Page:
Although most labyrinthulomycetes species are not pathogens, the organisms responsible for eelgrass wasting disease and QPX disease in hard clams are part of this group.
In addition, genomic information might suggest ways to exploit labyrinthulomycetes in novel biotechnological applications. Labyrinthulomycetes produce a wide array of enzymes and some species can degrade crude oil. Also, some labyrinthulomycetes are currently cultured for nutritional supplements. If PUFAs derived from labyrinthulomycetes were to replace fish oils and meal used in aquaculture and animal farming, it would likely reduce the number of fish caught for use as animal feed and have a positive impact on the health of the world's oceans.
A team of microbiologists led by Dr. Jackie Collier, assistant professor at the School of Marine and Atmospheric Sciences (SoMAS) at Stony Brook University, has had a proposal accepted by the Joing Genome Institute to sequence the genomes of four species of labyrinthulomycetes.
Labyrinthulomycetes growing on pollen grains. Credit: Enixy Collado Mercado, Stony Brook University
"Labyrinthulomycetes are a huge group of organisms that behave ecologically like fungi," said Collier. "But we know so little about them and there is more diversity among this group than among all the animals you can think of."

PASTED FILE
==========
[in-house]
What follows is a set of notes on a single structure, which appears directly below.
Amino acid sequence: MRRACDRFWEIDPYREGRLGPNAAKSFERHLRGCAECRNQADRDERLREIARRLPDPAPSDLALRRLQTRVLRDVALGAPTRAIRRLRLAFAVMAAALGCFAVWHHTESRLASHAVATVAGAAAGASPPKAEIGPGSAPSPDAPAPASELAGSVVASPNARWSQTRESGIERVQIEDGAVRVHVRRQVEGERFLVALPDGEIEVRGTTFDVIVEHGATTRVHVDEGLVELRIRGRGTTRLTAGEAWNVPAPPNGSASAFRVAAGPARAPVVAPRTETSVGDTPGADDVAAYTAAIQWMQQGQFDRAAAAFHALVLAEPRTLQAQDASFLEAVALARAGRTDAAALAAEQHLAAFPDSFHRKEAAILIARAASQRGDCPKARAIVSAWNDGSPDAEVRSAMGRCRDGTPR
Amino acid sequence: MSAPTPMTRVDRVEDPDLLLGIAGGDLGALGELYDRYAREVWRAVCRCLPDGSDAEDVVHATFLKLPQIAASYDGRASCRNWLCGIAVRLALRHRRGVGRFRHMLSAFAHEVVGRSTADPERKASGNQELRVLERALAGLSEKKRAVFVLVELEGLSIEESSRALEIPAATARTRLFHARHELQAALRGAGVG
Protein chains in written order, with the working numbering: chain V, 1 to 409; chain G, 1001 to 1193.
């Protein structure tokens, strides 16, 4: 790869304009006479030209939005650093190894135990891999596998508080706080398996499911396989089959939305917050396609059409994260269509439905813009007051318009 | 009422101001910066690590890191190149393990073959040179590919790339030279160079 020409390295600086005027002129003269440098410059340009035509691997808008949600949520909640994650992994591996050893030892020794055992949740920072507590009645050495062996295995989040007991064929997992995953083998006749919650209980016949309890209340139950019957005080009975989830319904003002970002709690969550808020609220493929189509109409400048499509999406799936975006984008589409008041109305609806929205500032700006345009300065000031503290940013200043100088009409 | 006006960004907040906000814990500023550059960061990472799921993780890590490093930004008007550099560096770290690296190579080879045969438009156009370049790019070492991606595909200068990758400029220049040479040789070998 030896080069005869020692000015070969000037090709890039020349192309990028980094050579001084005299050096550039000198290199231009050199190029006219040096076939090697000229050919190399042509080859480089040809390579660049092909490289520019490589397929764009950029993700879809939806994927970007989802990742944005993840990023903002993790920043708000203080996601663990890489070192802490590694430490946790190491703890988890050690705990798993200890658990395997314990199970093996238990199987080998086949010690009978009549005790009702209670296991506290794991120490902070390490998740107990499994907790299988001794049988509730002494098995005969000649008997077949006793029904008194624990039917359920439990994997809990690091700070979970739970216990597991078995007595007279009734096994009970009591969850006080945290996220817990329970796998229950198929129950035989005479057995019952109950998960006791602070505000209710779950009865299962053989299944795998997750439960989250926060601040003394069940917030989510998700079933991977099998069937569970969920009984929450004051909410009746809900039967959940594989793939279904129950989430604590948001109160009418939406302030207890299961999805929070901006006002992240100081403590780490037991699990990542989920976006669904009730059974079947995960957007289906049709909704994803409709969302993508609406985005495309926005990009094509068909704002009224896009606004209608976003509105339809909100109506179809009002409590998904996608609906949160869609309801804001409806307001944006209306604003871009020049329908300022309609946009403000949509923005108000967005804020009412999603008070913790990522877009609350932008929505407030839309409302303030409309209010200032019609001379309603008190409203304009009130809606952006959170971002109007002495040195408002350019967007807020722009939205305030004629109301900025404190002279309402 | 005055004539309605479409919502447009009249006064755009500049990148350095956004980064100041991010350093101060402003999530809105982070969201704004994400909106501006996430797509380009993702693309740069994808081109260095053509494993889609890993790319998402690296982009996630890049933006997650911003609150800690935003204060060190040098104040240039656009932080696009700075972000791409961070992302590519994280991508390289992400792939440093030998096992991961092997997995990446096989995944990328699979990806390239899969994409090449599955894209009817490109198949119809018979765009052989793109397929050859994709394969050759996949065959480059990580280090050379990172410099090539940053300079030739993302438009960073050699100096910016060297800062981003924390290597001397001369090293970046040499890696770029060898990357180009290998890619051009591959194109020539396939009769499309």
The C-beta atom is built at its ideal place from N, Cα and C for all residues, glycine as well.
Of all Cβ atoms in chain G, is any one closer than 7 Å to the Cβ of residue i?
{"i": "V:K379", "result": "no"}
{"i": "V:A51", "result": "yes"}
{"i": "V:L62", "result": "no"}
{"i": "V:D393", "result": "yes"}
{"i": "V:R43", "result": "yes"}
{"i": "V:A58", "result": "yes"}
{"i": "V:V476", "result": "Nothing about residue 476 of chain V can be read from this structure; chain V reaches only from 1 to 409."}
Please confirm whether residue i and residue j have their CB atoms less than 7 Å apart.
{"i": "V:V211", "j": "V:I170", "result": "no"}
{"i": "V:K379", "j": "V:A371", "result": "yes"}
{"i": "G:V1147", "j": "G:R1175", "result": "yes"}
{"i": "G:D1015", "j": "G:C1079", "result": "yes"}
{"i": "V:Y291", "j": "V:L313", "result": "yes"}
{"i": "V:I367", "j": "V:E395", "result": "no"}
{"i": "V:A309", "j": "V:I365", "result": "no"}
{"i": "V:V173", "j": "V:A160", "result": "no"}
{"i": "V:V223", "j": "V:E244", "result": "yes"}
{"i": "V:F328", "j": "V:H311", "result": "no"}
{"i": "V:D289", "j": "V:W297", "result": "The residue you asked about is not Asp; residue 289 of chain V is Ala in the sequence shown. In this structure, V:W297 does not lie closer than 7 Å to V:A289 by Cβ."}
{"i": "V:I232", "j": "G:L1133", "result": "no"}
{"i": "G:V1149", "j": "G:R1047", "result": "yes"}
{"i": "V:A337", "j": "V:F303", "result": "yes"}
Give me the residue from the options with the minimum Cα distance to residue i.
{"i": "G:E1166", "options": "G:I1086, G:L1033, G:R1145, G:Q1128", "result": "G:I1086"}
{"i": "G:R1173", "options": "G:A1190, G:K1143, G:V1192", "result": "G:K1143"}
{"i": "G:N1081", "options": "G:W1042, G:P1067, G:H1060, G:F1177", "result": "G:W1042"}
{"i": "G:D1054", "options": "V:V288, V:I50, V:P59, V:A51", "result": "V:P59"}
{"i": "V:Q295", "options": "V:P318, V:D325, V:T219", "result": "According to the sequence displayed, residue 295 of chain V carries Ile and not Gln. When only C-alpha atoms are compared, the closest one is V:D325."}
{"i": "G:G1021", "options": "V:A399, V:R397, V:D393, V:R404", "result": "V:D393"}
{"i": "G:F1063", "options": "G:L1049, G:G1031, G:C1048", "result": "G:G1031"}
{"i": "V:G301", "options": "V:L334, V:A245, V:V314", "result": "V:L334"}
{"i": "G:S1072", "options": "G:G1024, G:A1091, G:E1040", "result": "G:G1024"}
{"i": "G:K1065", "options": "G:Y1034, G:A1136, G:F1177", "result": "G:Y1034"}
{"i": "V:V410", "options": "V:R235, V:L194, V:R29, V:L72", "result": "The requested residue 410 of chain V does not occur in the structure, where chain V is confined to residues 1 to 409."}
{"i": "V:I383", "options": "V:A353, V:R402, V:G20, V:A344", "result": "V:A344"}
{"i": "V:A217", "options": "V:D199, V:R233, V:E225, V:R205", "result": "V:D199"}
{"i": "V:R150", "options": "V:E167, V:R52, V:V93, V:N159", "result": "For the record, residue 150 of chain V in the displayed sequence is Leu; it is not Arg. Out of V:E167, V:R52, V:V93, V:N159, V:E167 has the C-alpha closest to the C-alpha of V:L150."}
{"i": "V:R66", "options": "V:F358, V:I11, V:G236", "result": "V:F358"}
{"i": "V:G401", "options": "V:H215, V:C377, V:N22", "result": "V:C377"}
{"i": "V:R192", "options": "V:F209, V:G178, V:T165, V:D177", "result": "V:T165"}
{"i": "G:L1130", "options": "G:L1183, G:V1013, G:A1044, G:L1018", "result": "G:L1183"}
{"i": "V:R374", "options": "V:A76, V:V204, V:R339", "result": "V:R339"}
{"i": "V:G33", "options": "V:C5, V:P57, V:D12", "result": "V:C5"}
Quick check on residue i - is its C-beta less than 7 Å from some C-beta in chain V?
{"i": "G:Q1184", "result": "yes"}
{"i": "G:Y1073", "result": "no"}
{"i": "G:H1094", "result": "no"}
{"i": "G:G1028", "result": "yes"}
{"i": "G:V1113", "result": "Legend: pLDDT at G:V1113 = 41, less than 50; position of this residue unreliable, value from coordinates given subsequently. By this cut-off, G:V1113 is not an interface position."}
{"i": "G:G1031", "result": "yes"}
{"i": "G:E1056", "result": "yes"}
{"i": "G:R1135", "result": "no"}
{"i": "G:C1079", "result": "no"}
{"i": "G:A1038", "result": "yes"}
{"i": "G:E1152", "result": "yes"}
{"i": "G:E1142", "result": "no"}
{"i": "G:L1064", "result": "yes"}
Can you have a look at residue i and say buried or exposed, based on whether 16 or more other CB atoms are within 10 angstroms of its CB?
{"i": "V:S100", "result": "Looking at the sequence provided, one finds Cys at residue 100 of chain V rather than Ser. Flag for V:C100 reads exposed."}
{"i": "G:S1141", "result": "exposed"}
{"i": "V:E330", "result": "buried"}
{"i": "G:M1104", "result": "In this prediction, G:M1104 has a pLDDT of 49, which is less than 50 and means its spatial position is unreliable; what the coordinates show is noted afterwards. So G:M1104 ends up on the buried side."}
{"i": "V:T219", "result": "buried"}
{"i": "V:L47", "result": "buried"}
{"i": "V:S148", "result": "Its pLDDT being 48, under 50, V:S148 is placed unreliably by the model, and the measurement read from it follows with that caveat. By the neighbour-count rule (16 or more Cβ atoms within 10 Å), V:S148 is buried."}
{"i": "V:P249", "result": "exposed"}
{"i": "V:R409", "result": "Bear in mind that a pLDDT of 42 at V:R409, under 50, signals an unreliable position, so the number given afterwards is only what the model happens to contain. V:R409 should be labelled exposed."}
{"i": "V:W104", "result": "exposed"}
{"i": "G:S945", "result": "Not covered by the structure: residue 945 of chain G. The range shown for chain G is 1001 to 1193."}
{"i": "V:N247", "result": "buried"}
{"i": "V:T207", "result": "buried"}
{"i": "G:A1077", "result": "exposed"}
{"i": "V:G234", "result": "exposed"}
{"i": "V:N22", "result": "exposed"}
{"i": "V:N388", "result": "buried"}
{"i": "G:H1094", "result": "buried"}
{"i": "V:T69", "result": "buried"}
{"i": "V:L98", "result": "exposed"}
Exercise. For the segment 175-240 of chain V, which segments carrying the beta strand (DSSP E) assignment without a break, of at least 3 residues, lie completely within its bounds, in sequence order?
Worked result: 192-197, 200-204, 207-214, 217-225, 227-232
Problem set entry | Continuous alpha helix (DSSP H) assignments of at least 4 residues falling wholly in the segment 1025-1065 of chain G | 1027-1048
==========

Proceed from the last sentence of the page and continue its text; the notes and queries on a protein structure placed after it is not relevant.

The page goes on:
In some regions, labyrinthulomycetes may be as important as bacteria in degrading organic matter. In coastal systems, the abundance of bacteria is tied to levels of organic matter from marine sources, while the abundance of labyrinthulomycetes is more closely tied to levels of particulate organic matter from land sources.
This suggests that labyrinthulomycetes may play an important role in the marine carbon cycle by breaking down material that is difficult to degrade. Because labyrinthulomycetes—unlike bacteria—make long chain polyunsaturated fatty acids (PUFAs), they are also thought to improve the nutritional value of poor quality organic detritus.
"The genome sequences will provide a quantum leap in our understanding of the physiological capacity of these organisms," said Collier. "The genes can tell us which enzymes a species is capable of producing, which in turn tells us what kinds of material they can potentially degrade and what role they play in a marine ecosystem's food web."